as my alarm went off at 4.30 this morning i could hear the rain outside and all i wanted to do was press snooze, roll over and stay snuggled in my warm, cosy bed.
though, like every year, the diggers didn't get to choose whether or not to get out of their comfy beds guilt crept in and up i got, threw my hair in a messy top knot and piled on my warmest clothes and boots, my ear warmers and a scarf.
it rained on and off for most of the service, but it's easy to endure standing in the rain under an umbrella with a warm snow jacket on while listening to the honor roll of men who perished under a rain of gun fire.
it warms my heart, standing in the main st with my family and hundreds of strangers as the sun rises, listening to stories of war, prayers and honors. not a word is spoken amongst the crowd, we don't really even look at each other, just stand still and silent. we might be on personal journeys, but we're all there for the same ultimate reason - not to glorify war, but to honor those who gave their lives - whether that meant they came home changed, or never came home at all.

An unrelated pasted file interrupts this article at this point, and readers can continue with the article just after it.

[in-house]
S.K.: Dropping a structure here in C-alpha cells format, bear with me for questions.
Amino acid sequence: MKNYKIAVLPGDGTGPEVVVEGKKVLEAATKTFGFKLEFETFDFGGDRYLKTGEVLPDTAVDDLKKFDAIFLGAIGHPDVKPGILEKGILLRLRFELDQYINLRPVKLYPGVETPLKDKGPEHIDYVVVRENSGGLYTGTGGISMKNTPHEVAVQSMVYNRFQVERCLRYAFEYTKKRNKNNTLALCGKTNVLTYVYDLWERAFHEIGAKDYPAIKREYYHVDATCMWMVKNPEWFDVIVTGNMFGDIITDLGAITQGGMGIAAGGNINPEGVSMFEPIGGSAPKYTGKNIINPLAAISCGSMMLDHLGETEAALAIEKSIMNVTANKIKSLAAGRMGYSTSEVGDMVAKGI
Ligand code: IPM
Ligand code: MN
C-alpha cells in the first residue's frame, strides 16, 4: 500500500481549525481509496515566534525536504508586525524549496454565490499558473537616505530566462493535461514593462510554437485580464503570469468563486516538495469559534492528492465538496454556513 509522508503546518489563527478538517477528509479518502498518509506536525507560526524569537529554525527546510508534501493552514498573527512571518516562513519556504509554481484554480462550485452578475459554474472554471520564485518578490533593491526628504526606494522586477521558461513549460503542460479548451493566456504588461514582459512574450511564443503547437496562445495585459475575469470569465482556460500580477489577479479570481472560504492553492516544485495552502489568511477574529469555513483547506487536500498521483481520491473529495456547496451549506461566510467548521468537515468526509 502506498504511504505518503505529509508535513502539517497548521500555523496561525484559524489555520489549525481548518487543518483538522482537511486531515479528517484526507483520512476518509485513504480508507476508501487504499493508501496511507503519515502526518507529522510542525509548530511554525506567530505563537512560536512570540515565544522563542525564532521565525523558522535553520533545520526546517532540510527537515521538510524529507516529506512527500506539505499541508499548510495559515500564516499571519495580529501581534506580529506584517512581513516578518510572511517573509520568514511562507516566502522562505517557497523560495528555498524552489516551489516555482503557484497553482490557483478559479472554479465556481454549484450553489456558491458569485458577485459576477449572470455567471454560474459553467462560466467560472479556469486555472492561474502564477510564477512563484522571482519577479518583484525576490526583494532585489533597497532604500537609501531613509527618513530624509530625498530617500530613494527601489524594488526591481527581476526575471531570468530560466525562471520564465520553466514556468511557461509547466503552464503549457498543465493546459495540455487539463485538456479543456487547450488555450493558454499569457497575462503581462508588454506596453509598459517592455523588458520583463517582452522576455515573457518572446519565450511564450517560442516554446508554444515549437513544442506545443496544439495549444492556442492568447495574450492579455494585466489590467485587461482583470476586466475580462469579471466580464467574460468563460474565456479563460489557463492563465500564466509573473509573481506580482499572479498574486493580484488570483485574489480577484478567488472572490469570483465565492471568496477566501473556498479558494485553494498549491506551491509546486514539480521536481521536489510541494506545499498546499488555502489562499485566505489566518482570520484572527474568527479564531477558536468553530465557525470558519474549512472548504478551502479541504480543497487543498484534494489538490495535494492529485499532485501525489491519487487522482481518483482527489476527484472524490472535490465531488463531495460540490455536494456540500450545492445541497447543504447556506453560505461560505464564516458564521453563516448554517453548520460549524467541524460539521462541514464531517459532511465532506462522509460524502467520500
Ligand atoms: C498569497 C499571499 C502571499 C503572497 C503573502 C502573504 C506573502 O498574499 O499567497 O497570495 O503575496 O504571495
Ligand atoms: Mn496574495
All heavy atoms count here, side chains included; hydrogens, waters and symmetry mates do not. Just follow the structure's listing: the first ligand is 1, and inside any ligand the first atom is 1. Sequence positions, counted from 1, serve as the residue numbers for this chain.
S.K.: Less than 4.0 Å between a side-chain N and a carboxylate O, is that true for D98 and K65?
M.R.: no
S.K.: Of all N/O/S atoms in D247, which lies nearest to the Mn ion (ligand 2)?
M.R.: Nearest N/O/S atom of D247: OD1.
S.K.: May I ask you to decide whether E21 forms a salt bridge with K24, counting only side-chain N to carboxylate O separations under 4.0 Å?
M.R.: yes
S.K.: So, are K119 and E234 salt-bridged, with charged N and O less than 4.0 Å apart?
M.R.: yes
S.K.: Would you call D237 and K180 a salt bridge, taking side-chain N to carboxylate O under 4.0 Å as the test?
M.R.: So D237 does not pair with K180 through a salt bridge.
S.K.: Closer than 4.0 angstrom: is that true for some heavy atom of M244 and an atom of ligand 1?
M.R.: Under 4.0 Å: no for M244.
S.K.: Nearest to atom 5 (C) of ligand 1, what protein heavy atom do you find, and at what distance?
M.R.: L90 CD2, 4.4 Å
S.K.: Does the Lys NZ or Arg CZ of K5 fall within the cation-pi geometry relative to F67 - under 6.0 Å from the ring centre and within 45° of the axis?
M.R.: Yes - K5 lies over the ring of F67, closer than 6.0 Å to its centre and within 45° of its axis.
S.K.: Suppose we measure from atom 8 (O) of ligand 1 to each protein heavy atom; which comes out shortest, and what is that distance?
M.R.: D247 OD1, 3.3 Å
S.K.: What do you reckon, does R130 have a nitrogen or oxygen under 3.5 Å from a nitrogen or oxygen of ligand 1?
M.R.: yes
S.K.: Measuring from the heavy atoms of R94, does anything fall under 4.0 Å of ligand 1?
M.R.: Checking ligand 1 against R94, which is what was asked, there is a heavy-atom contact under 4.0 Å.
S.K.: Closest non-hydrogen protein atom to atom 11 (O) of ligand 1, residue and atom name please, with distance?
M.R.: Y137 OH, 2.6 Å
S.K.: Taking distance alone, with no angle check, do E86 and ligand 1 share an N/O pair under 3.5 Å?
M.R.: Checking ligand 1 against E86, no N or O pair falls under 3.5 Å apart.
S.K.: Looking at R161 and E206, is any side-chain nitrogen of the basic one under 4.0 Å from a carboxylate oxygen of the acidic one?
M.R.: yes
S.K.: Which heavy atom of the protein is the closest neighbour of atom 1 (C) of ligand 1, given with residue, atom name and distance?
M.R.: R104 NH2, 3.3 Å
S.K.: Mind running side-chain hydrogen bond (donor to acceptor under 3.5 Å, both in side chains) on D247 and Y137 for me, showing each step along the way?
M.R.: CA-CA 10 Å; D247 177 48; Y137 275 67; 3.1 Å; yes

it's amazing that 97 years later there are 4 year olds, 15 year olds, 80 year olds, and everything inbetween, with heads bowed at the stand to.
let me tell you, there is nothing quite as haunting as two single gun shots breaking the still cool air, or the lone bugler concluding the one minute silence as the sky lights up behind him. (or 70 second silence this year in honor of darwin and kakoda).
the diggers didn't get the choice of staying in bed or going to war, but because of them, we do, and that's why i will never judge anyone for not attending a dawn service - though i highly, highly recommend that you do go to at least once in your life.
enjoy your two up after the march this afternoon ladies and gents, thank you.